If you’ve been on the Internet of late, you’ll likely have been seeing a slew of cancellations of events due to the COVID-19 pandemic. Yet it seems to me that the reaction is beginning to be defined much more by fear than by caution. The difference between those two is key, and directly impacts our responses to the virus and our ability to survive it.
Fear is inherently self-interested–even when you’re fearing something will happen to someone else, it often has a component of fearing the pain that YOU will experience if something happens to that other. Fear, on a neurochemical level releases cortisol into your system–which is fine in the short-term but prolonged elevated levels of cortisol has been associated with a number of negative health effects. Caution, on the other hand, recognizes that there is a legitimate danger and takes steps to prevent or mitigate the danger while at the same time recognizing that we are human and that we are not all-powerful. We can and likely will get sick, and loved ones may indeed die–but we will do what we can to survive and we will mourn those who are lost and care for the grieving in the aftermath.
I get the logic behind cancelling events, and I understand why social distancing is being recommended—and yet we, as human beings, crave connection. Putting life on hold is NOT a good response, and may cause more harm than good. Loneliness, depression, anxiety–all of these weaken our immune systems and leave us more at risk. The Chief Medical Officer of Ontario recommended cancelling events of over 1000 people, and consulting with your local public health office for events of 200 or more. Yet a lot of events that have at most 100 people, or even smaller, are being cancelled as a result of this virus–which is fair for at-risk populations, but is not always the best response.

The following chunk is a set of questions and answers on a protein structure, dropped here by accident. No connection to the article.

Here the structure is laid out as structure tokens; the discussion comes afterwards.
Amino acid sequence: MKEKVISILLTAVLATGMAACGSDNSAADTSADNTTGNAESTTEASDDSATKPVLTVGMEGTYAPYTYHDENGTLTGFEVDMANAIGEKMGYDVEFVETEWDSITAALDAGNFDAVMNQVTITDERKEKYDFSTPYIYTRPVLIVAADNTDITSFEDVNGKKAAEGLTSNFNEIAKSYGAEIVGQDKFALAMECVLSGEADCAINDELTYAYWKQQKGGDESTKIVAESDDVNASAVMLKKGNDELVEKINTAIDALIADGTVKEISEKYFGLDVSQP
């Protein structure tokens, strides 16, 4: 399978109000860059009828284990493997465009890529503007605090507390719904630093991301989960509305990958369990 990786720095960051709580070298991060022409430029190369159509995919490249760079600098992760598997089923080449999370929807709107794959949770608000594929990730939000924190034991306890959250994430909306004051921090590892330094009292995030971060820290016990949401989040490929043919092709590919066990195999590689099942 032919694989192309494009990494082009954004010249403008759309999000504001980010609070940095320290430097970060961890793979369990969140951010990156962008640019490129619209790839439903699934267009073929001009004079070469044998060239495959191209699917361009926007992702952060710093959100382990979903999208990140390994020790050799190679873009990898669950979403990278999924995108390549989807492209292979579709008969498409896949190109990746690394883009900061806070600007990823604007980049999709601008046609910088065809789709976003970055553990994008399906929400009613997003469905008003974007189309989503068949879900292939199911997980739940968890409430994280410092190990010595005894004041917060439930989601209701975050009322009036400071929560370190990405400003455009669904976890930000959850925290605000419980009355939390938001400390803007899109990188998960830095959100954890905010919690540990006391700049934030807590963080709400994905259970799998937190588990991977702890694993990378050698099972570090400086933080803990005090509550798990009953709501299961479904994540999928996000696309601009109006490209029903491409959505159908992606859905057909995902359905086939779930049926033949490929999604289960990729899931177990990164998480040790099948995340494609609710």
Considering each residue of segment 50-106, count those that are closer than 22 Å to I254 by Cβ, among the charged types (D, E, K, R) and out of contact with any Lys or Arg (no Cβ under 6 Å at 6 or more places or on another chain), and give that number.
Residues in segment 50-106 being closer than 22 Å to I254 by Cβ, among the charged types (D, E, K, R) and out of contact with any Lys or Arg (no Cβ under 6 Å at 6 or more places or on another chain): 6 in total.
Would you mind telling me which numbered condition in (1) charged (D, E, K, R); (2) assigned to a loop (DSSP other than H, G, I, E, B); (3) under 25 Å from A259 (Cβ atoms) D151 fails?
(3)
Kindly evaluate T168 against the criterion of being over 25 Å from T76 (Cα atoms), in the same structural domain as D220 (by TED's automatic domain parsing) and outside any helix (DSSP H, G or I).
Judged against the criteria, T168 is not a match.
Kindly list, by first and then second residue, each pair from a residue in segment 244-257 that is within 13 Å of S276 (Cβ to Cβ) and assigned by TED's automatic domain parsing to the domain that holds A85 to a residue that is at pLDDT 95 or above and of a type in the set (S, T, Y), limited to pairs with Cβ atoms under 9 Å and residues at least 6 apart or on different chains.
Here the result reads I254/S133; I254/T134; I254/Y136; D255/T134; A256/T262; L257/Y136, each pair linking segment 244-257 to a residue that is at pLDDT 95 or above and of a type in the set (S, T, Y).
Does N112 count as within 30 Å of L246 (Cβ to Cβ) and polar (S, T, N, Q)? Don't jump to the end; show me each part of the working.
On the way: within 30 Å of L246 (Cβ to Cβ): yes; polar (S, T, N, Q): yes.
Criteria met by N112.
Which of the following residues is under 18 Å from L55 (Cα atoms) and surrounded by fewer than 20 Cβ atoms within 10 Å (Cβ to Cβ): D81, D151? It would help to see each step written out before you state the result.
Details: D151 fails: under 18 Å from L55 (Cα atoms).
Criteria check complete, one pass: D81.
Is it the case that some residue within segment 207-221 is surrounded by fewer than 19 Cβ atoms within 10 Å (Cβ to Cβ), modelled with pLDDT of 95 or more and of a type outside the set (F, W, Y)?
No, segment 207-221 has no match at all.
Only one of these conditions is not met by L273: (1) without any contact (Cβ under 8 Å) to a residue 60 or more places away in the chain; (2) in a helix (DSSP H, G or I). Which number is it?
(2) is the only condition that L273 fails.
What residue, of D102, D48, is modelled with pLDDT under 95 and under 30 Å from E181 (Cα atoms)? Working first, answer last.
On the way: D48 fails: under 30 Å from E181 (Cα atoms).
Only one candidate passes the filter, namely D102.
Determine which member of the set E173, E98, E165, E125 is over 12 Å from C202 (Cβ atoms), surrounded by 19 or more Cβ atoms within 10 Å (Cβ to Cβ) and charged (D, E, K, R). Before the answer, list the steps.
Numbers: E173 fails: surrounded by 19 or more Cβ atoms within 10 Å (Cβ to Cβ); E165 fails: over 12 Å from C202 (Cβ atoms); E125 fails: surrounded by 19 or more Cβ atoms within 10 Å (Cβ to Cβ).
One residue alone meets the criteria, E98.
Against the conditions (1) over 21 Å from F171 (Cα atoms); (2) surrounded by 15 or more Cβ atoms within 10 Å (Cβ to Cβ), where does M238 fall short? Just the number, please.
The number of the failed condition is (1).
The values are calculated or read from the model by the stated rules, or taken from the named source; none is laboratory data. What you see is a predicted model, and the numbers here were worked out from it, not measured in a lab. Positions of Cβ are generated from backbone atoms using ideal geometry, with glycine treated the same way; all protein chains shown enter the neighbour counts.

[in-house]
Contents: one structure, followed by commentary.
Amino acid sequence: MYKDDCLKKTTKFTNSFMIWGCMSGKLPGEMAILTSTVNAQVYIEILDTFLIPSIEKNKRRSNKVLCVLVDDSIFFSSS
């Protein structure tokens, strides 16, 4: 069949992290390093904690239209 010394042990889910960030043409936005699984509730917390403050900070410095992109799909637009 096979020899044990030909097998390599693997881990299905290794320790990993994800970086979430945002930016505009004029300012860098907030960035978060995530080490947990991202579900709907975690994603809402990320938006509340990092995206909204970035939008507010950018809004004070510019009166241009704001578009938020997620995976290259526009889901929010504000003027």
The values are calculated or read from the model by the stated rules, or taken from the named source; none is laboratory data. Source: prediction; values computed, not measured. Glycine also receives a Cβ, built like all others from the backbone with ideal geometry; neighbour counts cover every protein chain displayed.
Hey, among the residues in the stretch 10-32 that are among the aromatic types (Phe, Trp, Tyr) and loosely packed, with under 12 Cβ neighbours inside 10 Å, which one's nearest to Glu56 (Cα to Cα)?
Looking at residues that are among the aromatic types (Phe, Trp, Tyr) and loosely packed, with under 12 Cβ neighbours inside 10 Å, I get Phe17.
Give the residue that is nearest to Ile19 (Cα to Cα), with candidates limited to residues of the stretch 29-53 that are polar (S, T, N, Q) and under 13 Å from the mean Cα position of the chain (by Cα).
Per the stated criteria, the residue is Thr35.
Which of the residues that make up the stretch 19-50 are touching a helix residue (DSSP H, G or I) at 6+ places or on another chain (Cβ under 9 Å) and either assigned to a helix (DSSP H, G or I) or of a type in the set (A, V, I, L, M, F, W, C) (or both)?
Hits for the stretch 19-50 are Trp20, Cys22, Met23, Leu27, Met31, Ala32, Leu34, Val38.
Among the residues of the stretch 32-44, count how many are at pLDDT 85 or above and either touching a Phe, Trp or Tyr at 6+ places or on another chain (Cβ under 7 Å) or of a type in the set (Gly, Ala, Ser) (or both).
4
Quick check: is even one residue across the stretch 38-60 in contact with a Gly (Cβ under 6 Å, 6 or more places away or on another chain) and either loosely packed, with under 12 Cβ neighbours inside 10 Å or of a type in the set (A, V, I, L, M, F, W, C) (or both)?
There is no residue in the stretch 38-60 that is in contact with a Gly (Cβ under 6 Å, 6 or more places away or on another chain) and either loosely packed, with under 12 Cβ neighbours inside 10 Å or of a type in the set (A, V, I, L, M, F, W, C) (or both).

So my advice is this: take care of your mental health because it DOES have a direct impact on your physical health. Here are some practices you can do even with event cancellations:
–Get outside! This is perhaps the top one. Go for a walk or a run, or just sit outside in the sun and breathe some fresh air. Being in nature is associated with both good mental and physical health, and the UV from the sun may have some effect on the virus. Also, the virus doesn’t spread via the air so you’re fine to be outside.
–Exercise! This is also one of my top recommendations. Exercise boosts the immune system tremendously and will increase resilience in your body while helping your mental health. A lot of fitness studios with small classes are still perfectly fine to attend as long as you’re smart about it.
–Keep hanging out in small groups. One of the big things that worries me in the responses I’ve seen so far to the virus is how many social outlets are being cut-off for people. This is less of a big deal if you live with loved ones, but it’s a huge deal if you’re already socially isolated. You can still meet up for things like coffee chats–again, just be smart about it. If you’d normally hug a friend upon seeing them, maybe refrain from that–but chatting with a friend over coffee isn’t going to transmit the virus to them, especially if you’re also conscientious about washing your hands.
–Meditate/Pray Make sure you get some meditation or prayer in–these will help your mental health and help you keep the stress levels down. Breathing techniques like square breathing may be especially good to practice–square breathing is good for building up lung capacity, which could definitely be helpful with a respiratory virus.
Check in with your loved ones: If you can’t meet in person, call, text, message, etc. your loved ones. Let them know they’re not alone, see how they’re doing, and see what you can do to help.
In conclusion, don’t give into fear. Be cautious, but keep hopeful. Be loving to yourself and others, and take care of your mental health. Know that we will get through this, and resolve to learn from this experience to advocate for socioeconomic reform so that we’re better able to meet things like this in the future.